Family farming, done by smallholders in areas smaller than 5 hectares, produces 80 percent of all the world’s food, according to the Food and Agriculture Organization of the United Nations (FAO). By reducing the economic gender gap among these smallholders, we can raise agricultural productivity and decrease deforestation and hunger in poor countries. Doing this would also slash carbon emissions to the atmosphere by over 2.1 gigatons (1 gigaton is the same as 1 million tons).
These are some of the conclusions of the scientists who worked on the project Drawdown: the most comprehensive plan ever proposed to reverse global warming, organized and published by environmentalist Paul Hawken. According to them, in order to feed 9.7 billion people in the planet – world population in 2050, estimated by the UN – it is paramount that we increase the productivity of agricultural land. And part of the solution for this problem is in the hands of women: the countries with more gender equality have a higher average grain yield.
In the poorest parts of the world, women are responsible for 60% to 80% of the agricultural production, working in small farms, planting and raising animals. But they usually do not have the same working conditions as men: they have less access to education, agricultural techniques, equipment and credit. In Africa, for example, women own only 1% of agricultural lands and have access to less than 10% of the credit offered to small farmers, according to the International Labour Organization. In some cases, they cannot even legally own land – which leaves them dependent on their husband or other men in the family.
In the countries that collect data on land ownership by gender, only 10 to 20 percent of lands are legally owned by women. In Brazil, only 5 percent of rural properties are owned by women, according to the NGO Oxfam Brasil. And even in these cases, women often have no control over, or guaranteed rights to, the piece of land where they work.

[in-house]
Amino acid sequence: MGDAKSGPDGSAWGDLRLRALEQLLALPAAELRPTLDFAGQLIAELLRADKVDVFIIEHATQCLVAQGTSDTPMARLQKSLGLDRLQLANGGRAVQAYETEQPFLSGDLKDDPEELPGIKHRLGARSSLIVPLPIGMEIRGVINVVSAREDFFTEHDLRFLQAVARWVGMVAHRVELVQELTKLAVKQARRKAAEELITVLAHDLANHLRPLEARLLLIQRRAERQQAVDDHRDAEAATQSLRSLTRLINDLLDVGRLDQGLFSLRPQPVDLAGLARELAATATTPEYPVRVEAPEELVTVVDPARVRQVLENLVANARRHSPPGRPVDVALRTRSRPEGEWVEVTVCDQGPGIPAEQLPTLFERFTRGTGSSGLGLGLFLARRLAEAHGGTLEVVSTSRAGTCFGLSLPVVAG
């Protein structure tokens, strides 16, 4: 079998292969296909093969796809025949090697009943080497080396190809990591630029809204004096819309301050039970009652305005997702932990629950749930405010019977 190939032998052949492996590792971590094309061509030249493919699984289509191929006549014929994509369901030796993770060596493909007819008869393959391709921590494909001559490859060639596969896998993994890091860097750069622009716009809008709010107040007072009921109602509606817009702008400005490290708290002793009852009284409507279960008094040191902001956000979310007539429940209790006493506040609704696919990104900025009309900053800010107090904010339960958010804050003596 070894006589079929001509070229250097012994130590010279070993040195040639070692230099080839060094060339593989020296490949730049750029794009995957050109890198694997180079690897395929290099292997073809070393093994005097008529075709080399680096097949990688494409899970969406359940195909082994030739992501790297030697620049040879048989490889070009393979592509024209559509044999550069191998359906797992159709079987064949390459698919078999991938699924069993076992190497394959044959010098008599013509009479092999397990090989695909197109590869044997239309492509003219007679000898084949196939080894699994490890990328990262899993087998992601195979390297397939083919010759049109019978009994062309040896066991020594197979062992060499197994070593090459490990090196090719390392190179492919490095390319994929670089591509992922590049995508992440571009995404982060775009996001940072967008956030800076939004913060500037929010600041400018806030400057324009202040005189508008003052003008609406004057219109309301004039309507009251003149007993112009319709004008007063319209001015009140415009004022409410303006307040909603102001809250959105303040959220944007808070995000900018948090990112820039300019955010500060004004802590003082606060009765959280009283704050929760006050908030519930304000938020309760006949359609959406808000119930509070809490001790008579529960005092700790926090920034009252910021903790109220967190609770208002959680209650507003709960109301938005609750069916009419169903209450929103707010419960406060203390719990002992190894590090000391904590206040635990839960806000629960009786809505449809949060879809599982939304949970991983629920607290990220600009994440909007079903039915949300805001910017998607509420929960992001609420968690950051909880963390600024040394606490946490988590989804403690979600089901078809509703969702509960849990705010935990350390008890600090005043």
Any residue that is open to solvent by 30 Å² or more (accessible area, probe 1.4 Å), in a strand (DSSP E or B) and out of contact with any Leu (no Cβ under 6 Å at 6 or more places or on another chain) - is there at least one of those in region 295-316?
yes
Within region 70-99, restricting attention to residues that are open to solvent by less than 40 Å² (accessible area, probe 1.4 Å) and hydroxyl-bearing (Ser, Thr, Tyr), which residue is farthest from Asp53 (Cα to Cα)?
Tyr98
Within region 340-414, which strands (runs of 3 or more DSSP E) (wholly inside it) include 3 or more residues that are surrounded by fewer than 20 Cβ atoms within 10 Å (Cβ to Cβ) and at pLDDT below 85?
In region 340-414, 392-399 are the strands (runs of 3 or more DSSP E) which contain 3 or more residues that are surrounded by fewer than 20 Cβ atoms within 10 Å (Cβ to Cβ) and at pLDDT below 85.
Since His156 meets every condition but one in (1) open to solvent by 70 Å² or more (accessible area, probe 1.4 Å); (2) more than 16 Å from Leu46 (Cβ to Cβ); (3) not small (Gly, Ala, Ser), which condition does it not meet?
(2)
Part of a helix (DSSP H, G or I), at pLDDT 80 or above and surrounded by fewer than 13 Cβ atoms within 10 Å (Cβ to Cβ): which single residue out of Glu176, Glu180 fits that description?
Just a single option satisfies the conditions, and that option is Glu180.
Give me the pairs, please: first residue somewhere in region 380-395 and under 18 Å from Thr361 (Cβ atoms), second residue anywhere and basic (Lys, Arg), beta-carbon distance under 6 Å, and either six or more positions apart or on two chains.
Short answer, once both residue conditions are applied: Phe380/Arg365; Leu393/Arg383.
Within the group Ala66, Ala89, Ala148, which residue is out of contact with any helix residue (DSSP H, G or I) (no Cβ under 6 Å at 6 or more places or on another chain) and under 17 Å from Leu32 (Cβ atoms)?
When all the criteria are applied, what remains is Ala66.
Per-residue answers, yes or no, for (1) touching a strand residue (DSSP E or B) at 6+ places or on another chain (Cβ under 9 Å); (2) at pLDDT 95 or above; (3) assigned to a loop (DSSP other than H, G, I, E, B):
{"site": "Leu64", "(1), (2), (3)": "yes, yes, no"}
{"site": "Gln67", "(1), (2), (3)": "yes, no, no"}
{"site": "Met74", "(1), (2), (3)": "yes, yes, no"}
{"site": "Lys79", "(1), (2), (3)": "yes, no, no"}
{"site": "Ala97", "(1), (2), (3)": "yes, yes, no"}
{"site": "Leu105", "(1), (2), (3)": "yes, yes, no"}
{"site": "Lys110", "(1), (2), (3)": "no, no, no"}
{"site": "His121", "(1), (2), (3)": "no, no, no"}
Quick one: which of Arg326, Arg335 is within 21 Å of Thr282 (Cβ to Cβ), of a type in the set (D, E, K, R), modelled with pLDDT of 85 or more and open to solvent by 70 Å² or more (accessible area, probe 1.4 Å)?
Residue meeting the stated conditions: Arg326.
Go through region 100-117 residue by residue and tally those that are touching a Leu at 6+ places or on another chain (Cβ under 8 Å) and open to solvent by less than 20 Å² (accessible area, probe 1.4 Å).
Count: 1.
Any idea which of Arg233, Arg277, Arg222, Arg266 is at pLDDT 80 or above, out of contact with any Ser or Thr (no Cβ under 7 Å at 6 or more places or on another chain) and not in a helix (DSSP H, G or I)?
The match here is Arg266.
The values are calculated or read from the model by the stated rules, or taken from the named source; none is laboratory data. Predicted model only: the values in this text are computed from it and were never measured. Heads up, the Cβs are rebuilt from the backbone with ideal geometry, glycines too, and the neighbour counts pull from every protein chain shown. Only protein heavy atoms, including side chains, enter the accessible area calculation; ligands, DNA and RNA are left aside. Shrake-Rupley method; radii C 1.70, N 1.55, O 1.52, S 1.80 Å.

Facilitating women’s legal access to land ownership and control helps to reduce inequality. But it is also important to make sure that these farmers receive training, technical resources, equipment and credit. “In Brazil, the agroecological movement aims to strengthen family agriculture, in a way that is sustainable and resilient to climate change,” explains Ana Paula Ferreira, coordinator of Women’s Rights at the NGO ActionAid in Brazil. “And, without feminism, there is no agroecology.” According to Ana Paula, “family agriculture provides 70 percent of the food on the table of Brazilians.” Agribusiness, in contrast, produces commodities, products for exportation, and also food for cattle.
In 2016, 27,000 women took part in training courses for agroecological production techniques, offered in association with ActionAid. Among them were Ilaete and Sandra dos reis, mother and daughter, who now manage a small farm on their own property and sell the produce. Research by FAO shows that if women farmers had access to the same resources as men, they would be able to increase yield by up to 30 percent. That would mean a rise of 2.5 to 4 percent of all the agricultural production of the poorer countries, enough to reduce the number of undernourished people in the planet by up to 17 percent.